An increasingly important segment of cultural tourism relates to ‘religious travel’, tourism motivated by spiritual reasons or associated with religious heritage sites. Thus, travel agencies are offering extensive journey packages to ancient places of worship, sacred destinations and pilgrimage sites. In this sense, according to data offered by the Ministry of Tourism of Israel, around one fifth of tourists to the country expressed religious tourism or pilgrimage as the main purpose of their visit. Additionally, tourism is greatly founded on the consumption of experiences. Understanding the ways in which tourists experience the places is, therefore, fundamental to the study of the consumption of tourism and, in particular, of religious tourism and pilgrimage. Consequently, measuring the emotional situation of these tourists is crucial for the fulfilment of their expectations and, logically, for the degree of overall satisfaction of the experience itself. Accordingly, this paper presents the preliminary results of the experimental implementation of an emotional measurement system in the context of a spiritual journey to Holy the Land during Easter 2015. This is a first trial out of a laboratory and, therefore, one controlled volunteer, whose primary motivation was pilgrimage, was selected to test the suitability of the method for measuring the emotional situation of the individual while in the aforementioned religious travel. The paper proposes an integrated framework of verbal and non-verbal measurement approaches and, together with spatial and temporal information, generates an emotional cartography of the Holy Land based on this journey. Initial findings suggest that emotional situation is influenced not only by space factors, but also by temporal and religious contextual factors surrounding the visitor. Even though results of the trial respond to a single case that should be expanded to contrast the obtained conclusions, it can be affirmed that there are significant implications for researchers and their methodological practices, particularly regarding the spiritual aspects of emotional engagement in religious tourism.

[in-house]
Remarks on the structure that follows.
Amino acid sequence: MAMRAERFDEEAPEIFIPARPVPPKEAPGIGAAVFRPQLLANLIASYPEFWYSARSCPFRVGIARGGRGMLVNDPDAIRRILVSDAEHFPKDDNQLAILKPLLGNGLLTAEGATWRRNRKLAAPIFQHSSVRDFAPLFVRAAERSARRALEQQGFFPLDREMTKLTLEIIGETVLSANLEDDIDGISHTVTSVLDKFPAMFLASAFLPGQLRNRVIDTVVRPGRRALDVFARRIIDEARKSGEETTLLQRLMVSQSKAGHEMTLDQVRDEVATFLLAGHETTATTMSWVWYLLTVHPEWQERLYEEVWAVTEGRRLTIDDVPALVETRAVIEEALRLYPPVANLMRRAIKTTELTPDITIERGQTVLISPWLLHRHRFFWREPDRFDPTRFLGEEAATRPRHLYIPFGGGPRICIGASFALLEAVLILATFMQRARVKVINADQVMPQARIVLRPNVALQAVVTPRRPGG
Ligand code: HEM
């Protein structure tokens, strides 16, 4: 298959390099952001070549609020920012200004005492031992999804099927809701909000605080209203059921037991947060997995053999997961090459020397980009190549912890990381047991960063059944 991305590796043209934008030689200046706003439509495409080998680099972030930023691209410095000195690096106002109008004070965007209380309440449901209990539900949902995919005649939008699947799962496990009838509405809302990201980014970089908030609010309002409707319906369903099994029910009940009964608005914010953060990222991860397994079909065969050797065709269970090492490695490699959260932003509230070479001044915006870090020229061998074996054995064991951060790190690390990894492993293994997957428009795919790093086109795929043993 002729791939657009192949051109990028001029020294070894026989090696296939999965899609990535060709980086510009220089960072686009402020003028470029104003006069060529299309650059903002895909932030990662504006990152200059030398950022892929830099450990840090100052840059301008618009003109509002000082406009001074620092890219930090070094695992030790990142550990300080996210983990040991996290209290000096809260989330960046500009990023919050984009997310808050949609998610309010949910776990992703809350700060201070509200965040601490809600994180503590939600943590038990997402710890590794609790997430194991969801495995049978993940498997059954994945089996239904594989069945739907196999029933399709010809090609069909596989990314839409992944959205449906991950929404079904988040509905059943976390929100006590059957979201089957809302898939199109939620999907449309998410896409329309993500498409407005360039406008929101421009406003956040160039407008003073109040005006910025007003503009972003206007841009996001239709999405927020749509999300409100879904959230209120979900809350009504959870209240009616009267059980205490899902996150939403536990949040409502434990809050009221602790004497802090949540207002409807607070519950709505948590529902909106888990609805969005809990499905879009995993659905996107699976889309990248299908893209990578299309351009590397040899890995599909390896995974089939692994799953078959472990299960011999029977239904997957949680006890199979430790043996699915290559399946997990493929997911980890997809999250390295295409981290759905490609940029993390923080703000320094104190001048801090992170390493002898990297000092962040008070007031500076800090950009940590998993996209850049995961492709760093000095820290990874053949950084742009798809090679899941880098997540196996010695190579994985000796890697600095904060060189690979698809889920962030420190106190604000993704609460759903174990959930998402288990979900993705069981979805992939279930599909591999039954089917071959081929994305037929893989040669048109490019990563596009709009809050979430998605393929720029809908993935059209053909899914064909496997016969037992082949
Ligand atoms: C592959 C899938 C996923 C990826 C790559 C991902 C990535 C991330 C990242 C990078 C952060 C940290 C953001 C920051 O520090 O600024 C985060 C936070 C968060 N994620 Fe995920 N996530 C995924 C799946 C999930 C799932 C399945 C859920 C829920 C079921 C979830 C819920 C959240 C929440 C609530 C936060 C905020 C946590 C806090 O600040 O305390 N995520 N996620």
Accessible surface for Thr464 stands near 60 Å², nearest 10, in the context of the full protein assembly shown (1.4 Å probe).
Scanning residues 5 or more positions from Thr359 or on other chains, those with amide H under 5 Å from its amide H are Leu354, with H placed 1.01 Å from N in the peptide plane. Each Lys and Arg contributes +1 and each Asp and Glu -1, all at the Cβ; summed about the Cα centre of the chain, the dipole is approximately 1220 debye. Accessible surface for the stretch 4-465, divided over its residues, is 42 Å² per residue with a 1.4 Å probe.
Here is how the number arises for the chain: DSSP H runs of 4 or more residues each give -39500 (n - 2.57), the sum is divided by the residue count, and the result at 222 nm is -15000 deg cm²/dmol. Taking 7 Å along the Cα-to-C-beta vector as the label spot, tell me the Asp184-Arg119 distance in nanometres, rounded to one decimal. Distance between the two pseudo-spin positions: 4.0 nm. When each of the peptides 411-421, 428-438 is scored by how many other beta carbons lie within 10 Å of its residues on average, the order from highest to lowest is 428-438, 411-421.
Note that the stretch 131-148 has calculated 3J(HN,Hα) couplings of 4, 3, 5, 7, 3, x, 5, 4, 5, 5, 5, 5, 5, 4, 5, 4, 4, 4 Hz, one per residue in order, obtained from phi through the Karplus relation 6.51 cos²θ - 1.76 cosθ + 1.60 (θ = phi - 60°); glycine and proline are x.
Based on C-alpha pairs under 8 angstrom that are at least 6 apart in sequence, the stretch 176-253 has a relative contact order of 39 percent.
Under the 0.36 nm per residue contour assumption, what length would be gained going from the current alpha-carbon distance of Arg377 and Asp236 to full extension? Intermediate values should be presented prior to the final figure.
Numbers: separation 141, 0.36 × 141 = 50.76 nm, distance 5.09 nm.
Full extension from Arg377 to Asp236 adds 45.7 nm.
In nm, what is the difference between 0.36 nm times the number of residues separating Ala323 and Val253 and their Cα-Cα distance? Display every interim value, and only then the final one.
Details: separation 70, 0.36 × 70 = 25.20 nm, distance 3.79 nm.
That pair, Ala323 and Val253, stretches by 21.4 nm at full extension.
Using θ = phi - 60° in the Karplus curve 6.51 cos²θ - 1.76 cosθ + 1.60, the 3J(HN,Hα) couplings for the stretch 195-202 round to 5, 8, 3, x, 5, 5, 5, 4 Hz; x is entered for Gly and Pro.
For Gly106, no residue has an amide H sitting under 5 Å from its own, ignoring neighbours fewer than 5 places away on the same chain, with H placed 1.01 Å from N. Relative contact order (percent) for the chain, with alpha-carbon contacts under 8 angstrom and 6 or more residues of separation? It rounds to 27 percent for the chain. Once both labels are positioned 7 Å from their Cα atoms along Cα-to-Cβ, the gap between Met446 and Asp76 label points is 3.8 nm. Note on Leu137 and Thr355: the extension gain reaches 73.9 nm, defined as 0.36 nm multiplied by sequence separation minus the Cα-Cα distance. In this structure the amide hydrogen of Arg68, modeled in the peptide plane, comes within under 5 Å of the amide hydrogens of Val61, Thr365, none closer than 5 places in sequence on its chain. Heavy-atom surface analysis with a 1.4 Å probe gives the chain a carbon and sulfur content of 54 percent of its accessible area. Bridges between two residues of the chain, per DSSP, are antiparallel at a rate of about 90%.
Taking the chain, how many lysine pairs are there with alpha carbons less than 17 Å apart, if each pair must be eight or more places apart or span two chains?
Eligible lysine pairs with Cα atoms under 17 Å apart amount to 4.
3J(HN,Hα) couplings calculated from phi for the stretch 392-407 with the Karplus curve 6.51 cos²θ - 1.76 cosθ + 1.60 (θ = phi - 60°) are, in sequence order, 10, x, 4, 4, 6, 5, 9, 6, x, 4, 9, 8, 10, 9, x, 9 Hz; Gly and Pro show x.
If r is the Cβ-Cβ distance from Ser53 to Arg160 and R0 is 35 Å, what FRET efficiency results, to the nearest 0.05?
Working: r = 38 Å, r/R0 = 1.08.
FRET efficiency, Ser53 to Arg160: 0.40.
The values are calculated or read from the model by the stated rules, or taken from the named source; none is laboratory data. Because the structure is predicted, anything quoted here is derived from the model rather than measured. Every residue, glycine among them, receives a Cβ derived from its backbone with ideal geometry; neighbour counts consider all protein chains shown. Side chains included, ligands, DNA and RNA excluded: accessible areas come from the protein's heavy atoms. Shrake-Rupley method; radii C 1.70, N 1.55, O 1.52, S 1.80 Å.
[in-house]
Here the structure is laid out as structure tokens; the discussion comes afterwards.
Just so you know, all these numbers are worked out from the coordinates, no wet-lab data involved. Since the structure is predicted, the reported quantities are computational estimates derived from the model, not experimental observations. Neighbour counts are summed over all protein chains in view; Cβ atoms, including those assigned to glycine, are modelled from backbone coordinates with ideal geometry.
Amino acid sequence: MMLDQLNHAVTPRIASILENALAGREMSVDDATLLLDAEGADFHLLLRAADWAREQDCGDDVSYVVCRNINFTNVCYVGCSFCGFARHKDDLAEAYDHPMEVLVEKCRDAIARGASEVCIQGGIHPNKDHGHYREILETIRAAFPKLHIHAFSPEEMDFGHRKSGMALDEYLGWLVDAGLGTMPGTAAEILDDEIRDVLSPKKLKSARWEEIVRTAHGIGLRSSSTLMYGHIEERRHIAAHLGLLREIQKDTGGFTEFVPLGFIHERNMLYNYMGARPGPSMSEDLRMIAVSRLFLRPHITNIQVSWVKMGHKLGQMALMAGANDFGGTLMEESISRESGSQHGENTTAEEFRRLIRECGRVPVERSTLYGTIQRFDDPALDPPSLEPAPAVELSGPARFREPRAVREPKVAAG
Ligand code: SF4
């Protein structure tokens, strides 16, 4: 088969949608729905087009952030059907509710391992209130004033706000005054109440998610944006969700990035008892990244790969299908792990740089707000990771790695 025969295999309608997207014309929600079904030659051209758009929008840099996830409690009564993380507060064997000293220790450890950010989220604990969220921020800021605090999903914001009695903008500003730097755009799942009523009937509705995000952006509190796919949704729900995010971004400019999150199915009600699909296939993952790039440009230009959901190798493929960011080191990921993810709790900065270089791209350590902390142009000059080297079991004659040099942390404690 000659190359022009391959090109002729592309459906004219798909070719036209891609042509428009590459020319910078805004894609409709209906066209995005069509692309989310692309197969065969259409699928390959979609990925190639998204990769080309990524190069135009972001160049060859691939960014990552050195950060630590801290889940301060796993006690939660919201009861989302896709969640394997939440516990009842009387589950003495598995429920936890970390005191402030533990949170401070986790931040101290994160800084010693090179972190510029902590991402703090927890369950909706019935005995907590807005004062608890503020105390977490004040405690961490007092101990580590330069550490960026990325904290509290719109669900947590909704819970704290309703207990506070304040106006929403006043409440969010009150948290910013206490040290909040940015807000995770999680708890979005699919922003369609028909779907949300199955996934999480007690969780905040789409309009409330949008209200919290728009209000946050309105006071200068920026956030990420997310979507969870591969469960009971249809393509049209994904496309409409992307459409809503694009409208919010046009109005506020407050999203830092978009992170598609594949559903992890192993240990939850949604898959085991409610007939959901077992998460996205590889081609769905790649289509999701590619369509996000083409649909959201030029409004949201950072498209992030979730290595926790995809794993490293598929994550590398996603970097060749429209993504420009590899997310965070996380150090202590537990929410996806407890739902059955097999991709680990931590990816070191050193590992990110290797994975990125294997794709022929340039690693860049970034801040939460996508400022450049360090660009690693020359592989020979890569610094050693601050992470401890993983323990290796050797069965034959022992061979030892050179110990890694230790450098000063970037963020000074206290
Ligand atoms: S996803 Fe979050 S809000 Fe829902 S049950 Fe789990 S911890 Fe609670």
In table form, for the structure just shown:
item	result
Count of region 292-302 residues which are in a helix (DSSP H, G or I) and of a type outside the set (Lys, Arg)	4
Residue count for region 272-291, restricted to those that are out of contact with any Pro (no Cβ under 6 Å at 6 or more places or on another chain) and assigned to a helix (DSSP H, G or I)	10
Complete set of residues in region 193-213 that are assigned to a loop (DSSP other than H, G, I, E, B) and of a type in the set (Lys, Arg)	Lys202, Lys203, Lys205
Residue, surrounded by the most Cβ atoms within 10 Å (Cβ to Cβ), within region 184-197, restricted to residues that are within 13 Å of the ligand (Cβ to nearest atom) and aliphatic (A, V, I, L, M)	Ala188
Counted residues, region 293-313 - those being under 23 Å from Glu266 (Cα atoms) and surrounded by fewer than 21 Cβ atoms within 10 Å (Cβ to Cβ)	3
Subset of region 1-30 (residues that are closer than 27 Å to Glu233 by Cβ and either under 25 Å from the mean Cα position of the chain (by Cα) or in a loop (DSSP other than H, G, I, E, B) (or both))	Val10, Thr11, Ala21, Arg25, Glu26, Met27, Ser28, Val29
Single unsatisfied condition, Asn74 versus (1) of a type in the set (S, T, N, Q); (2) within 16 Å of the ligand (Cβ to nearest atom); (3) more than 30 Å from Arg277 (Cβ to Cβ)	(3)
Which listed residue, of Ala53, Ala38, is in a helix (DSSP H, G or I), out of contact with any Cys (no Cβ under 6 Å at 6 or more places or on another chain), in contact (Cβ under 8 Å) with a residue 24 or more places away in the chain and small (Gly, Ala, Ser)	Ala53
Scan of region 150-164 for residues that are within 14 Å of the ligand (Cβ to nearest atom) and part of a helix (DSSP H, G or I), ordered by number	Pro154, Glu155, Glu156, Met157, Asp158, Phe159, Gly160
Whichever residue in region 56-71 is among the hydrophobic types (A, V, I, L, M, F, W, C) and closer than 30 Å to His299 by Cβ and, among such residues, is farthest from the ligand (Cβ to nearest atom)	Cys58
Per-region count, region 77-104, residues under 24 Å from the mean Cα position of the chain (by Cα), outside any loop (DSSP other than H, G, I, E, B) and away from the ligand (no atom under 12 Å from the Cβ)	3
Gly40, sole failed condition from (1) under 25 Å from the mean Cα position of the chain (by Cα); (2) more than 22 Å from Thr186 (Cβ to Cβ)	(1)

Creative Commons License

Creative Commons Attribution-NonCommercial-ShareAlike 4.0 International License
This work is licensed under a Creative Commons Attribution-NonCommercial-Share Alike 4.0 International License.





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